John Oliver explains prison labor, how prisoners spend money, and who profits

John Oliver (Photo by Frederick M. Brown/Getty Images)
John Oliver (Photo by Frederick M. Brown/Getty Images) /

Another insightful and informative episode of Last Week Tonight with John Oliver looked at the economics of prison labor.

John Oliver continues to entertain and educate with each episode of Last Week Tonight. This week the topic was prison labor as Oliver explored the ethics and economics of putting prisoners to work behind bars.

This subject area isn’t new to Last Week Tonight. The show has done a number of segments on the justice system, private prisons, and mass incarceration. But on Sunday night, Oliver focused less on how prisoners end up in jail but instead on what they do once inside.

Anyone familiar with how prisons work, whether from reading about it, watching a documentary, or seeing a movie, has some idea of prison labor. Inmates are put to work on normal tasks with some jobs being more desirable than others. Oliver took a deeper dive by covering prisoners’ wages, how they spend that money, and the companies that can turn a profit from it all.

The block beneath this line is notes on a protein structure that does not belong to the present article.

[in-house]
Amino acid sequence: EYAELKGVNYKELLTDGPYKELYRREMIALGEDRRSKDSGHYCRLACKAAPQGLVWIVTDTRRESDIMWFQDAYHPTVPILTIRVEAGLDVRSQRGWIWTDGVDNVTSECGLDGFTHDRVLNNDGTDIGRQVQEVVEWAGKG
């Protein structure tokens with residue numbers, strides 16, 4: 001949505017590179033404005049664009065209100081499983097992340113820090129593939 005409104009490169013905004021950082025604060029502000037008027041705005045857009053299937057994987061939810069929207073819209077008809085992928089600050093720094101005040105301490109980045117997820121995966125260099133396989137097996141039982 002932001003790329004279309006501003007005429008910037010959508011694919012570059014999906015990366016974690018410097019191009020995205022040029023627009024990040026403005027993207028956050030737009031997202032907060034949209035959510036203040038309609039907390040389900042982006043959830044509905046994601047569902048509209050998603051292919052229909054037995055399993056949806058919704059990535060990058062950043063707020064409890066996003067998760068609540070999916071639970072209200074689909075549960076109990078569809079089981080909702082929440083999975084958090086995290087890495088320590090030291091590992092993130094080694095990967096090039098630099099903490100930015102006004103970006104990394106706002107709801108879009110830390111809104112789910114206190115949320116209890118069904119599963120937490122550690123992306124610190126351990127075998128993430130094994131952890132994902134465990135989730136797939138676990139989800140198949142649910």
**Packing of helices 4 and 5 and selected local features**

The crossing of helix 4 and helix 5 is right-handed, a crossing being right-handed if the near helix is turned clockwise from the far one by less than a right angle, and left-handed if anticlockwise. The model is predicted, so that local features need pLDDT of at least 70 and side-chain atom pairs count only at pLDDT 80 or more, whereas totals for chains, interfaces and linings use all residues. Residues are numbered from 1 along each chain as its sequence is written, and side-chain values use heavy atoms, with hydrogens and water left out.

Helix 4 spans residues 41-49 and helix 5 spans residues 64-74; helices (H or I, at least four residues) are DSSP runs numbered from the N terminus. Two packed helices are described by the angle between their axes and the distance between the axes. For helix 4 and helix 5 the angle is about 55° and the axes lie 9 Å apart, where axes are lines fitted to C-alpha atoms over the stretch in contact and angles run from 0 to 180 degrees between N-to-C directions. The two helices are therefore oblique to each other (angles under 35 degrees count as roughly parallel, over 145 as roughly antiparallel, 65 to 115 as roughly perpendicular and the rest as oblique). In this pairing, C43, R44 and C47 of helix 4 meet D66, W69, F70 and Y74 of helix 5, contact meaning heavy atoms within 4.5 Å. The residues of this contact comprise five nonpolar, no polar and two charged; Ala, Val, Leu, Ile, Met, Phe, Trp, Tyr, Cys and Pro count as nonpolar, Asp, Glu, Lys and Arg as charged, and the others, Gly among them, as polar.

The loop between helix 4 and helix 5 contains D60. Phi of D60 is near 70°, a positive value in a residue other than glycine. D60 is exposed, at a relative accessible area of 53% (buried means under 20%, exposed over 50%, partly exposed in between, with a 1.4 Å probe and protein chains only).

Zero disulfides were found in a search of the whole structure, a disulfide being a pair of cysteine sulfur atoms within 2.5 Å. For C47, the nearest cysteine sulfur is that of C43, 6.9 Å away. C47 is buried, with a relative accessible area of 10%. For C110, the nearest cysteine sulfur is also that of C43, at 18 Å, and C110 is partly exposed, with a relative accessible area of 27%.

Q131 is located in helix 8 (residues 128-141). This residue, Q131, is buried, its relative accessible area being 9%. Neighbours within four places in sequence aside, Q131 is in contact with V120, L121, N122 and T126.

Not many people would guess that inmates are also working as firefighters or in rodeos. Oliver points out that these are extreme examples but it serves his point that prisoners are working a wide range of jobs but the pay is relatively insignificant across the board.

Oliver explains how this isn’t likely to change given the money involved. He uses the clip of the Louisiana sheriff complaining about how releasing prisoners takes away good workers from the prison. These prisons have become so reliant on prisoner labor that paying the inmates a fair wage would be far too costly.

Per usual, Oliver anticipates any questions the audience may have by going in to why prisoners need money in the first place. Beyond legal fees, he shows how many inmates need money to purchase basic necessities or to see a doctor. Oliver highlights the gap between what prisoners earn and what they need to spend on for simple needs.

Again, Oliver is prepared to answer anyone suggesting that prisoners just receive money from the outside. He spotlights the companies that profit off transferring money to inmates like JPay that can charge 45% per transaction. In typical Oliver fashion, another target gets caught up in this story as he delivers a fantastic dig at Ticketmaster.

Oliver concludes the segment by exposing how Securus Technologies is working to basically eliminate face-to-face interaction between prisoners and their families. This would force more phone calls and video chats using their services and therefor more profit for the company.

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Overall, this segment shows why Last Week Tonight is once again nominated for an Emmy. John Oliver draws a line showing how extremely low wages for prison labor can negatively affect parent-child relationships. In 18 minutes, Oliver manages to get huge laughs from fans all while exposing a major social issue. That is the best way to summarize Last Week Tonight‘s goal every week.